Beverly Lynn Bennett shares a fool-proof method for Chocolate Chia Pudding so delicious, you’ll renounce all things tapioca with one spoonful. Okay, so there’s room enough for both treats in a vegan’s life, but this healthy snack is a delightful (and healthier) change of pace. For everyone who became addicted to the stuff at Vegan Vida Con, here’s the magic formula to reinvent this wonder seed in a more chocolaty format.

Another simple yet sublime offering, Allison Rivers Samson pulls out another stunning replica of a typically non-vegan classic, this time being Caesar Salad. I’ll admit, I wasn’t exactly jumping up and down at the idea of another leafy green salad, but this one packs in the flavor like none other. For such a basic combination of romaine, croutons, and vinaigrette, this Caesar really knocks it out of the park. I’m not the least bit ashamed to admit that I chomped my way through the whole recipe’s worth after this shoot was done.

It seems as though those printing presses never stop rolling over there, which is a good thing! That means it’s almost time to embark yet again on the next set of tempting VegNews recipes, and I can’t wait to share another visual feast when they finally make it on paper, too.

Coming to a Newsstand Near You

A new pair of months means a new VegNews, and for the March/April issue, it also means a new My Sweet Vegan column! After what felt like an inordinately long break, it’s time to break out the sugar and salt shaker, because I’m bringing the sweet and and the salty together for two easy, palate-pleasing candies.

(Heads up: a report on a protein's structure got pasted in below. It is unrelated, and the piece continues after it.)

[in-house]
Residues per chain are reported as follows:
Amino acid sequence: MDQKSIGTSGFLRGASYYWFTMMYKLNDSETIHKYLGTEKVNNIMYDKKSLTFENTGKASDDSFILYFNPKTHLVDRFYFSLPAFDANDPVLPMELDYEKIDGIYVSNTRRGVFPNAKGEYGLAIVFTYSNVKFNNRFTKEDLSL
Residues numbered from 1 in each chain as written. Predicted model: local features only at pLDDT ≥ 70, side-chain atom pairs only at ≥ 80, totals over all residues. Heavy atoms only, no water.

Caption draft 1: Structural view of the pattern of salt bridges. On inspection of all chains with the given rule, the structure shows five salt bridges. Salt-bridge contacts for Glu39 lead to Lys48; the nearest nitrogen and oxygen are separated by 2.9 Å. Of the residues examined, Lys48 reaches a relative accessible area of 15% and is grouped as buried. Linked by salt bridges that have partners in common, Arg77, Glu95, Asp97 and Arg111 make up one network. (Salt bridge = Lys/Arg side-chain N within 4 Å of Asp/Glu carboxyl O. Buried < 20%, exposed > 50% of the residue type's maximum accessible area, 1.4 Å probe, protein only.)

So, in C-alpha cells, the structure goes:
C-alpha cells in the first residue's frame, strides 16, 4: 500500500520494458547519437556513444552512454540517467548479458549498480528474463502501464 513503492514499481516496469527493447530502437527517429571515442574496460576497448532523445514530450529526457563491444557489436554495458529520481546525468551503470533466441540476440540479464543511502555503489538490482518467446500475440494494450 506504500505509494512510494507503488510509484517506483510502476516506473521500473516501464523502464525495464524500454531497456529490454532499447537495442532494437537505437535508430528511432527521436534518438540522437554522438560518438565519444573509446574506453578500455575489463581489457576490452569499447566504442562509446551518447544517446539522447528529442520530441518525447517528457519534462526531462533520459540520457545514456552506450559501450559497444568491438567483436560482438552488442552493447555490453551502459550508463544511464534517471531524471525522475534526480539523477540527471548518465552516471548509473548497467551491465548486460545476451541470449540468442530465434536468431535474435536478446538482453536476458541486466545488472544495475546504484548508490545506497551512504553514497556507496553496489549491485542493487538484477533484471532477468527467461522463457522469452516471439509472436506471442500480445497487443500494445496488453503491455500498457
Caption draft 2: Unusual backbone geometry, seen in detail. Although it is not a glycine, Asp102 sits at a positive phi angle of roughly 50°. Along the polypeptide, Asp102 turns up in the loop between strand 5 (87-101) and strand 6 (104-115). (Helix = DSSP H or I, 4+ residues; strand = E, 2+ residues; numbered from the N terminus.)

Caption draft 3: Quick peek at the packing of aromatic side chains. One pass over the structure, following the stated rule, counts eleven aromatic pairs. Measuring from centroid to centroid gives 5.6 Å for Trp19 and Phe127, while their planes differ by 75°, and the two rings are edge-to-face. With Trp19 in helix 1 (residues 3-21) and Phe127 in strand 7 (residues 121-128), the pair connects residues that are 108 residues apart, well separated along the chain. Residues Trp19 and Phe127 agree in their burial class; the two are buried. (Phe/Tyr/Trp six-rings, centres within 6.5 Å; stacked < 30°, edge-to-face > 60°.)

Potato Chip Chocolate Truffles may steal the show, their intense, dark chocolate centers covered in crunchy shards of crushed potato chips, but Buttery Popcorn Brittle is not far behind in the lineup. Like kettle corn in one thick plank, it’s a new way to enjoy that classic theater snack with less muss and fuss. Both could be whipped up on a whim, and let me tell you, they make for excellent gifts… If you can bear to part with either treat.

In addition, I had the pleasure of shooting more savory delights by the lovely and talented Allison Samson. Bringing Cheesy Twice-Baked Potatoes to the party this time around, these rich spuds are not to be missed. Stuffed with creamy mashed potatoes and smothered in gooey “cheese” sauce, it may be tough to go back to plain baked potatoes after trying these tempting tubers.

Have you gotten your issue yet?  Of course, it’s packed full of other recipes, too, so there are plenty of equally attractive dishes to choose from.  What do you plan on making first?

A New Year, A New VegNews

One week of silence passes by with such ease in real life, each day barely even registering before the sun begins to recede once again. In blog years, it feels interminable, as if I’ve been a bad blog parent and terribly neglected my poor baby. Fully immersed in book writing, it’s hard to stumble out of my cave and into the blinding daylight, back into the usual routine. In my absence, 2011 has come to pass, and now we can only work to get the most out of this new year. The cycle begins anew. Top 10 lists or “best of” countdowns are not my cup of tea, so let’s dive right in, shall we? After all, you can’t move forward if you keep looking back [-Or else be prepared to walk smack into a wall sooner or later.]

Kicking off 2012 on a high note, the January/February issue of VegNews has got to be one of my favorites yet. I may not have contributed a column, but things came together beautifully from a design standpoint, featuring my photos in the best way possible. Focused on a fresh and clean theme, with sights set on a dietary fresh start for those who many have overindulged over the holidays, it’s exactly my speed. Bright, clean… And of course, undeniably mouthwatering compositions. Each recipe was a winner by all accounts, but here are just a few choice shots.